First it was the digital camera, then it was GPS systems, and now thermal imaging is reported to be the next innovation to make it onto the smartphone’s list of gadgets. Thermal cameras allow the user to see the infrared light produced by objects with temperatures corresponding to a different color. These colors make up the image itself, which, using the camera the user can capture. While applications are being designed, developers suggest that in time the imaging technology may become a part of smartphones themselves, rather than an add on.
The technology was first developed by the US military and users of thermal imaging has expanded to include firefighters, search and rescue teams, car manufacturers, and even wildlife protection services. However, affordable thermal imaging technology has never been available to individual consumers.
Thermal applications would allow consumers to track temperature differences. For example, a consumer could use this thermal technology to track temperature differences in the home when insulating, as well as uses for pest control. The garden-savvy consumer would be able to use the thermal imaging to determine plant health, as farmers have been known to use imaging to determine whether or not their crops need watering.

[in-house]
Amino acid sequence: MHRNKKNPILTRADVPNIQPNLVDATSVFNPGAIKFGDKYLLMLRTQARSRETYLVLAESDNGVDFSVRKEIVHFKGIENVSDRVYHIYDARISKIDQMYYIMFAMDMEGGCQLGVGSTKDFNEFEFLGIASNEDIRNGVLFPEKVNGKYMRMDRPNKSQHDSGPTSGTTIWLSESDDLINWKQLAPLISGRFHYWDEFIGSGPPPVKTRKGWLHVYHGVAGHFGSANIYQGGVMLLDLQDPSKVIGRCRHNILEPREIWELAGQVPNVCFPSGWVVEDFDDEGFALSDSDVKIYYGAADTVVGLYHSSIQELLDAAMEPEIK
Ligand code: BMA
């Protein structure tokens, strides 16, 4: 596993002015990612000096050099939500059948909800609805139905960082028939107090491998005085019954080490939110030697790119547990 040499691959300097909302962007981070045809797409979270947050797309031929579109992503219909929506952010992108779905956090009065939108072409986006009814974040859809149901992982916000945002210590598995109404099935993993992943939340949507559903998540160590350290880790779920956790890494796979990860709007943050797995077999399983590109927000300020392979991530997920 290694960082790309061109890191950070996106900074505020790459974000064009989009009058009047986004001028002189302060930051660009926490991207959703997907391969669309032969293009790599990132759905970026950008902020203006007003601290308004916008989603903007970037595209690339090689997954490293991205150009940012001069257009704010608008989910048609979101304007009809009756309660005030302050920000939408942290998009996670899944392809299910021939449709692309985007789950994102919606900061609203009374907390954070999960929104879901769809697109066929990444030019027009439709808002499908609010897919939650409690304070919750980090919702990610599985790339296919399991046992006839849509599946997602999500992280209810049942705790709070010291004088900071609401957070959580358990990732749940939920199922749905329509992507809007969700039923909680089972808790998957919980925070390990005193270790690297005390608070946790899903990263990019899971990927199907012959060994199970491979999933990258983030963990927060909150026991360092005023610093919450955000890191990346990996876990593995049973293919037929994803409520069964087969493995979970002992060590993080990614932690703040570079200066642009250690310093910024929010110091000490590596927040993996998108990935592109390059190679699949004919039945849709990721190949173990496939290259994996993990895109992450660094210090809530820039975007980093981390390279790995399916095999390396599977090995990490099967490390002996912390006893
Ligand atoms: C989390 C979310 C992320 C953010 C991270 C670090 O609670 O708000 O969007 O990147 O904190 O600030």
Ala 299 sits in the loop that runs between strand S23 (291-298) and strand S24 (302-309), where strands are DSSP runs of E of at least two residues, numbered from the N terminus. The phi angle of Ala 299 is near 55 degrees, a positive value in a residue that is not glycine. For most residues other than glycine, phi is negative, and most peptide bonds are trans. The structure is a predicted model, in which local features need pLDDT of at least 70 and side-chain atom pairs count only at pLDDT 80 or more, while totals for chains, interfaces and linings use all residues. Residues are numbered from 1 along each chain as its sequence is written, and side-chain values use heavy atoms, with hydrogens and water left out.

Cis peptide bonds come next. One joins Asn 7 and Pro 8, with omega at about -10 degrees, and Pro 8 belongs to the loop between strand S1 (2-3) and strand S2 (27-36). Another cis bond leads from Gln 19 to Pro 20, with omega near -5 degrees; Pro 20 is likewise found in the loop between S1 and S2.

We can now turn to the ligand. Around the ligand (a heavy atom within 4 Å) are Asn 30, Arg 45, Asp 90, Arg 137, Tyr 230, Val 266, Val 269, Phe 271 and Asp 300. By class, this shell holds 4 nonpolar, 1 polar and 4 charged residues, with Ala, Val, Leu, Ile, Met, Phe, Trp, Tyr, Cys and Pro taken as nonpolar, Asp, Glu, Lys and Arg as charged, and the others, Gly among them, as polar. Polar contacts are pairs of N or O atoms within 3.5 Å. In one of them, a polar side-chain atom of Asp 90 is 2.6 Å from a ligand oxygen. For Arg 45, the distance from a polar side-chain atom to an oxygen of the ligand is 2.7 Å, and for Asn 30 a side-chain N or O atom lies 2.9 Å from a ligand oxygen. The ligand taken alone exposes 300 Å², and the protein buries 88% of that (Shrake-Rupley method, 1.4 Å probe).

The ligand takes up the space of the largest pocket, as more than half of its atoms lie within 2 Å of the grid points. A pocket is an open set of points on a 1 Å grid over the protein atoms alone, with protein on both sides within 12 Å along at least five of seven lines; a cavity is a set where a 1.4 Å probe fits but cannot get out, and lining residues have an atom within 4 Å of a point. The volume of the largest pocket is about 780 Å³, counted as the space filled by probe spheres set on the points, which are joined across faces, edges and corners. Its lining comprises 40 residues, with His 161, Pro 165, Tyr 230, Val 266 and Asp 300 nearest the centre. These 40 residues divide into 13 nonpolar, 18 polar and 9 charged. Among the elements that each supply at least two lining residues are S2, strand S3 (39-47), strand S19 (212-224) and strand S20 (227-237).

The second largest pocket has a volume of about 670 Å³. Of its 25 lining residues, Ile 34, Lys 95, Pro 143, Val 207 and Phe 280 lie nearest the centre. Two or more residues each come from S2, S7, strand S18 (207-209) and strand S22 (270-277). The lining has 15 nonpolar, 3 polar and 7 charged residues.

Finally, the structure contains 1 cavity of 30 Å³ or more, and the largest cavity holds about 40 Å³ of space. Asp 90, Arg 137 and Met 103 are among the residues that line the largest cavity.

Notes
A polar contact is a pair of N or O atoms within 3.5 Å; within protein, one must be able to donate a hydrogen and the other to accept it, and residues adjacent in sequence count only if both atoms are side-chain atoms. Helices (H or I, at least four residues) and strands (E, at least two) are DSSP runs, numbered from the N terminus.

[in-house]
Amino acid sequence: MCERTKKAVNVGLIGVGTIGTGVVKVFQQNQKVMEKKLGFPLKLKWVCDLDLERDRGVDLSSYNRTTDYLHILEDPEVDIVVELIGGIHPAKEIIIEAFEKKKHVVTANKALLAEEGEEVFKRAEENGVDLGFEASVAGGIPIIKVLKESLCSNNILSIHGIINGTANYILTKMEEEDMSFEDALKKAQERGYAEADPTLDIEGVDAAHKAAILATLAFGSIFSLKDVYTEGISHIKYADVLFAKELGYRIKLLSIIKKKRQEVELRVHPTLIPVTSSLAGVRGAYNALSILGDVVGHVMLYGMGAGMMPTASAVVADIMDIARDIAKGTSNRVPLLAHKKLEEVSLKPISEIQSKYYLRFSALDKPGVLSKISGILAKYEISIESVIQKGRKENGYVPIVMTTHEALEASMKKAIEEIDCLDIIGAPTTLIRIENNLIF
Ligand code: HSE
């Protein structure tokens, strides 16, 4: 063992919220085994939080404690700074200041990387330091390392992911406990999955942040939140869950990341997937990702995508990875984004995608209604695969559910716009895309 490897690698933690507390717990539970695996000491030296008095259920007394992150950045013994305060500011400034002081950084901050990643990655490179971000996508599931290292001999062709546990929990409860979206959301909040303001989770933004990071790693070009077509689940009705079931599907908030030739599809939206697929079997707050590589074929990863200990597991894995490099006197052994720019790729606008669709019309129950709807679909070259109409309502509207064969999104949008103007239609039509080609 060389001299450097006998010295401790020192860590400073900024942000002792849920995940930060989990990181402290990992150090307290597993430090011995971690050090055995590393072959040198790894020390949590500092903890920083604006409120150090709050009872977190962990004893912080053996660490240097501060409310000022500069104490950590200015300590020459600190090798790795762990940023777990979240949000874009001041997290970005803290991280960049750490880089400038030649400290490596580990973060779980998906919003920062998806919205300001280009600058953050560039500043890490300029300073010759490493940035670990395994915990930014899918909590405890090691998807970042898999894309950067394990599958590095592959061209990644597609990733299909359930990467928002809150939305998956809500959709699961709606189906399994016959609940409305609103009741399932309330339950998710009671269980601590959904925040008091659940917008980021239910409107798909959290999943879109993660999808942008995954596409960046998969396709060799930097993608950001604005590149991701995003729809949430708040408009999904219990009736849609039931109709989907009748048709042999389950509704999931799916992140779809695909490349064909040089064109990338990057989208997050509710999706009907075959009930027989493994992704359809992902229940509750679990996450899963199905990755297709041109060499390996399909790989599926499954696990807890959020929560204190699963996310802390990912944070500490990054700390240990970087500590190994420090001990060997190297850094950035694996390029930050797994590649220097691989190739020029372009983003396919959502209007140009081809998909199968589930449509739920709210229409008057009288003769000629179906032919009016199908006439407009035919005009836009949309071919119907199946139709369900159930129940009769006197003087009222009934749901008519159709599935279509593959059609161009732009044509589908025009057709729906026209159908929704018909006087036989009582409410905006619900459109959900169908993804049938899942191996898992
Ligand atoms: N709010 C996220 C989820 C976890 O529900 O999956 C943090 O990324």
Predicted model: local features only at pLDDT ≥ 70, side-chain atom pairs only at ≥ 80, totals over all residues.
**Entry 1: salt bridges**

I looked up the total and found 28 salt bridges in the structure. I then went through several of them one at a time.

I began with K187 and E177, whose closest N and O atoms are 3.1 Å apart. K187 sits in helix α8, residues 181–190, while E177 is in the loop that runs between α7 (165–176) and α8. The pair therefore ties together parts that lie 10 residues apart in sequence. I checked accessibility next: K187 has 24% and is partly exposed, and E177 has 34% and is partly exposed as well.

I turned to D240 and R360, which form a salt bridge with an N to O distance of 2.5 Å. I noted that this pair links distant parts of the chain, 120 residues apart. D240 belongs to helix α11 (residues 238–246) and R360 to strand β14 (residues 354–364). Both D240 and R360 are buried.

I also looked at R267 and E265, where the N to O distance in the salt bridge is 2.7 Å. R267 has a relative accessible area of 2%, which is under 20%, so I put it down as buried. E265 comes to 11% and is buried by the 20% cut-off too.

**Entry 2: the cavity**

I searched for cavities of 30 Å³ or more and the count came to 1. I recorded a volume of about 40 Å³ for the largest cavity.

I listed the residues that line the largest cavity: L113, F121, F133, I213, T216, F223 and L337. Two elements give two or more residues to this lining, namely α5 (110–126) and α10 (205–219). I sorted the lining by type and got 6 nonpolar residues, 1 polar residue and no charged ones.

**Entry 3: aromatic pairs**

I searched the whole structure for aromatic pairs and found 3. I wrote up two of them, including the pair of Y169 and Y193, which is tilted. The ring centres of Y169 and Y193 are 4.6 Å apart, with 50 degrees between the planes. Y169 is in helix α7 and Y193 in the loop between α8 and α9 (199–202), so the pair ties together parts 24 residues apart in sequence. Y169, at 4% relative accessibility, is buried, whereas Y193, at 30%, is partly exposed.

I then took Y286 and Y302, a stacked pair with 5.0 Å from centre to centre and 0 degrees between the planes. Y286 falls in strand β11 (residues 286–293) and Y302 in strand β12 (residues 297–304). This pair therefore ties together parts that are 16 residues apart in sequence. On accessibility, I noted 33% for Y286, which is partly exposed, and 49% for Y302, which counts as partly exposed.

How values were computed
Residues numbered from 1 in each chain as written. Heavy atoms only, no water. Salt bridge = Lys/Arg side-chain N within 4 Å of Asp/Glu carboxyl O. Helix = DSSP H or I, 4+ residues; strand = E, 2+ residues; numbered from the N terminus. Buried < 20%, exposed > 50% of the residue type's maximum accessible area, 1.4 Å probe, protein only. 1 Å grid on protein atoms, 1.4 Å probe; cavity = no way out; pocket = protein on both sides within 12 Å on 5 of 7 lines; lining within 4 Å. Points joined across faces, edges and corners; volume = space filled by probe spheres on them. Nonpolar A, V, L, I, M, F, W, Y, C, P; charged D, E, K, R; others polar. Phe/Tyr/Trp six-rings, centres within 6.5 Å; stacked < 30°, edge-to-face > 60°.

Thermal imaging also has medical uses, such as scanning for individuals with fevers. According to an article by The Economist,
Airlines used it during the SARS outbreak to identify passengers who might be at risk. A mass-market version could help schools and nurseries with the everyday problem of spotting feverish children carrying infections. Closer up, inflammation often marks the site of tissue damage, and thermal imaging is used in both sports medicine and equine medicine to help identify leg injuries.
With so many uses, it is likely thermal imaging technology will easily find a place in the daily lives of consumers.
Read more here- “Infrared Imaging: Hot or Not?,” (D.H., The Economist)
Olivia is a graduate of Villanova University where she studied Economics and History, minoring in Gender and Women's Studies. She also has experience working with federal legislatures on health care policy, women's issues, and Internet safety.